Il-Partit Laburista Inġliż għandu dilemma li għadu ma sabx mod kif isolviha mingħajr ma jxellef dak li jemmen. Ix-xellug Ingliż hu maqsum u huwa rappreżentat minn diversi partiti. Dan hu ppenalizzat mis-sistema elettorali Ingliża tal-first past the post, fejn il-Ħodor, per eżempju, kisbu miljun vot, imma siġġu parlamentari wieħed fil-waqt li l-partit skoċċiż SNP b’ftit inqas minn miljun u nofs vot ikkonċentrati fl-Iskozja rebħu 56 siġġu parlamentari.

Rapport dwar l-elezzjoni ġenerali Ingliżi ta’ Mejju li għadda ippubblikat din il-ġimgħa u intitolat “Learning the right lessons from Labour’s 2015 defeat” jidentifika, fost l-oħrajn, li l-voti li l-Labour Ingliż rebaħ f’xi kostitwenzi mingħand kandidati liberali swew biex dawn tilfu s-siġġu u dan intrebaħ mill-Partit Konservattiv. Dan ġara f’numru ta’ kostitwenzi u spiċċa biex dgħajjef lill-allejati potenzjali tal-Partit Laburista Ingliż.

Dan trid tarah fid-dawl tar-riżultati elettorali miksuba tul is-snin fejn qabel ma tfaċċa Tony Blair, il-Labour Ingliż, meta rebaħ, għamel dan bit-tqanżieh. Blair kien rebaħ b’mod komdu tlett elezzjonijiet wara xulxin. Dan sar għax Blair trasforma l-Partit Laburista Ingliż minn wieħed ibbażat fuq twemmin soċjalista għal wieħed fejn iktar ta’ importanza lill-politika neo-liberali b’mod li għal żmien mhux qasir, ma kienx jingħaraf mill-Partit Konservattiv Ingliż. Fi ftit kliem, bosta jqiesu li l-Partit Laburista Ingliż fi żmien Tony Blair biegħ ruħu.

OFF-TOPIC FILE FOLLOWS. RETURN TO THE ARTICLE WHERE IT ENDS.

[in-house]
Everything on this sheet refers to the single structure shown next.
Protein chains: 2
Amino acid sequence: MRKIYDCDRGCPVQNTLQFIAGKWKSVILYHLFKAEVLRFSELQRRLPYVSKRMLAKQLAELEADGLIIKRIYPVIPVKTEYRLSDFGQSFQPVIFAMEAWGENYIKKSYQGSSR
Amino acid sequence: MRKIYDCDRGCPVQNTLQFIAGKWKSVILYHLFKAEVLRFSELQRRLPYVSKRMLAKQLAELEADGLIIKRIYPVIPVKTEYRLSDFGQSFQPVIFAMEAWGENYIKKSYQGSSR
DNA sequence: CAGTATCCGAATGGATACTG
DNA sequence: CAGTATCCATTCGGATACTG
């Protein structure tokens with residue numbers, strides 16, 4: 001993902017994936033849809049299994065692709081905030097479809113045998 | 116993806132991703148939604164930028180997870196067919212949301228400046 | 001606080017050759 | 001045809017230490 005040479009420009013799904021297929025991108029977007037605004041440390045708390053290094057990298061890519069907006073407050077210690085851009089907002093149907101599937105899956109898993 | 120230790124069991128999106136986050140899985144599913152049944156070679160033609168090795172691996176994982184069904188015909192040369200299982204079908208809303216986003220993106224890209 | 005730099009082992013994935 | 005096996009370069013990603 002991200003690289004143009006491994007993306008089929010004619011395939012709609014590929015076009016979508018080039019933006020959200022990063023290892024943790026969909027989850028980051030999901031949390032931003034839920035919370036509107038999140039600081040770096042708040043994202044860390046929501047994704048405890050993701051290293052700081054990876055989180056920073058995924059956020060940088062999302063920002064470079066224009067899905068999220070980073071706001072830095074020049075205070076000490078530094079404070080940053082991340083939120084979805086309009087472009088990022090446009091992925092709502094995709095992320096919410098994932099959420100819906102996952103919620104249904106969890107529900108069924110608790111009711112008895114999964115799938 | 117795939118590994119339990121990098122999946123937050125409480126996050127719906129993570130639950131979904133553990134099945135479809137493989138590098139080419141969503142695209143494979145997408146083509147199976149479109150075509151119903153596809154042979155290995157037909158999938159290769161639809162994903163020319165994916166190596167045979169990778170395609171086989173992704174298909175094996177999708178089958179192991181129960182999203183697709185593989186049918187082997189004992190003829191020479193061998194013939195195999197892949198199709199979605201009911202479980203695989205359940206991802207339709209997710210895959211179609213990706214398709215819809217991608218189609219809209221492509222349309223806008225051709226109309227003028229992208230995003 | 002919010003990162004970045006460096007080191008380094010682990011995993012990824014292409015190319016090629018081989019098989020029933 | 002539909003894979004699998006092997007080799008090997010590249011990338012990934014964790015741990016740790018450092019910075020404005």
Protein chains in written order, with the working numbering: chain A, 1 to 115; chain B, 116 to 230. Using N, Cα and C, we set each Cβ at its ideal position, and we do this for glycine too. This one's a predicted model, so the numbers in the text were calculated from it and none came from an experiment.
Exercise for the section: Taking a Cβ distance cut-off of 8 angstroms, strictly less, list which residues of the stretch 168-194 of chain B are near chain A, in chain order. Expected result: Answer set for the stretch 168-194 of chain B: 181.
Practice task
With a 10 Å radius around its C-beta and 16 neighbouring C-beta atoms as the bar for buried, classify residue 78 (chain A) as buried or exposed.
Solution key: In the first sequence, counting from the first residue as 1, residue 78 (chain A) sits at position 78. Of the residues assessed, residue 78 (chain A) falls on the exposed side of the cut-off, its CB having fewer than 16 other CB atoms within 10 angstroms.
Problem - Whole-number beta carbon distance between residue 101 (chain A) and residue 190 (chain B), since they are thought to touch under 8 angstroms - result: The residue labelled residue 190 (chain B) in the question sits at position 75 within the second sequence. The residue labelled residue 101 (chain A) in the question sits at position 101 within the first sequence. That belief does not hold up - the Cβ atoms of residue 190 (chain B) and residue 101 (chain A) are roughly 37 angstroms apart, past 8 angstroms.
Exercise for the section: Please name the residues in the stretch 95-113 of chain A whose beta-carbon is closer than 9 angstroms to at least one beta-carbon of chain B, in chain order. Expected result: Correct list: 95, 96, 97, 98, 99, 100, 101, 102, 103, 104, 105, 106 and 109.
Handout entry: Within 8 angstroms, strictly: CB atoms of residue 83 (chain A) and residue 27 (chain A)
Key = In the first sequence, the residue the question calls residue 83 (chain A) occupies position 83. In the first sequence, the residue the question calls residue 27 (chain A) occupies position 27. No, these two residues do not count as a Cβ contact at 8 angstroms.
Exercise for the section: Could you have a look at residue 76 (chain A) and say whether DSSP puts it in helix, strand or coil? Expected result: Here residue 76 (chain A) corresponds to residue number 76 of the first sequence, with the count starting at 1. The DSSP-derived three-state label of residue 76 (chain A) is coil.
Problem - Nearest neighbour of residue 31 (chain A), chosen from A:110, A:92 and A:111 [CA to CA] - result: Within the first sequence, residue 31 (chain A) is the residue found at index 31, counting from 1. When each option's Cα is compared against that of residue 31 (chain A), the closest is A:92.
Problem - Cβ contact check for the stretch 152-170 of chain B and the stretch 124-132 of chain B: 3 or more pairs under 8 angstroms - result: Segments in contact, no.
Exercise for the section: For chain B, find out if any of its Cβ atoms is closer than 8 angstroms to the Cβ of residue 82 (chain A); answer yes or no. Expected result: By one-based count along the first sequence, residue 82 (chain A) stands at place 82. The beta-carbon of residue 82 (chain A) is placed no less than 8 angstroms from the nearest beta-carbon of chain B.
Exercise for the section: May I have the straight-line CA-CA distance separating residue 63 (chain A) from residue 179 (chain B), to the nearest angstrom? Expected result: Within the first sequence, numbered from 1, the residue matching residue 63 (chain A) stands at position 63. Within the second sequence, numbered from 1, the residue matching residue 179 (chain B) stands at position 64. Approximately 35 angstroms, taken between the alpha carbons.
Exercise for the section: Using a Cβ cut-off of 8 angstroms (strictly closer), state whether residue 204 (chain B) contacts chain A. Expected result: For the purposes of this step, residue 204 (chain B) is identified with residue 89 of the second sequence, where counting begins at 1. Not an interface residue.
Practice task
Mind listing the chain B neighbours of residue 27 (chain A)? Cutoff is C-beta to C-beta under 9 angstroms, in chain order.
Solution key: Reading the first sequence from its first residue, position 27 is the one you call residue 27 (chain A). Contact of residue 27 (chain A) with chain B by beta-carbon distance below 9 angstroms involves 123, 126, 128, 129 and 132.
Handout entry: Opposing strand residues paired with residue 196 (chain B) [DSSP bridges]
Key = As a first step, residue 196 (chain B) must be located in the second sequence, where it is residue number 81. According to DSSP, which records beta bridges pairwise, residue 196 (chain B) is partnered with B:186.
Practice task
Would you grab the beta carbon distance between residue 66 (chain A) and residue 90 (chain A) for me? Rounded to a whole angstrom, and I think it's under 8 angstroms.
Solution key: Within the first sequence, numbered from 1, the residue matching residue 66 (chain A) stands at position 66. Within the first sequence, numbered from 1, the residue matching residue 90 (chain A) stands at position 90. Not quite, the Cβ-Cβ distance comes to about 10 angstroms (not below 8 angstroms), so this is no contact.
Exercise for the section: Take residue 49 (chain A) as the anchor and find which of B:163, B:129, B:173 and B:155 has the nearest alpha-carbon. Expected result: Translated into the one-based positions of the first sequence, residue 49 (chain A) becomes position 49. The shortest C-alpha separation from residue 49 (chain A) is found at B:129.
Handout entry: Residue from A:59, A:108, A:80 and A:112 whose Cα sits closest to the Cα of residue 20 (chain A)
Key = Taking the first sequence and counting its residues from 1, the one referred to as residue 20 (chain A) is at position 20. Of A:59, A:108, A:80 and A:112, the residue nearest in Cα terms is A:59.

Din hi l-bidla mill-qiegħ li tfisser l-elezzjoni ta’ Jeremy Corbyn. Il-Partit Laburista Ingliż irid ruħu lura!

L-ideat ta’ Corbyn ġew imfissra min uħud bħala li jikkundannaw lill-Partit Laburista Ingliż għal snin twal fl-Opposizzjoni. Għax għal dawn, dak li temmen huwa sekondarju. L-importanza hi fl-istrateġija, fis-soundbites u fil-komunikazzjoni orkestrata u mhux fl-awtentiċità politika tat-tmexxija.

Issa ma rridx li ninftiehem ħazin: il-metodu kif il-politiku jikkomunika huwa importanti ħafna. Peró m’għandux u qatt mhu meħtieġ li jkunu sagrifikati l-prinċipji fuq l-altar tal-popolarità.

Din hi l-isfida li għandu quddiemu Jeremy Corbyn. Iżda hi sfida li jista’ jegħliba minkejja l-antagoniżmu tal-grupp parlamentari li hu mdawwar bih. Iċ-ċavetta jsibha, mhux biss fl-għeruq tal-partit li tawh l-appoġġ massiċċ tagħhom imma ukoll billi jibni pontijiet ma dawk il-partiti politiċi li jqarrbu l-iktar lejn l-ideat u l-idejali tiegħu. Għax hu possibli li l-prinċipji u l-istrateġija jimxu id f’id.


ippubblikat fuq Illum, il-Ħadd 20 ta’ Settembru 2015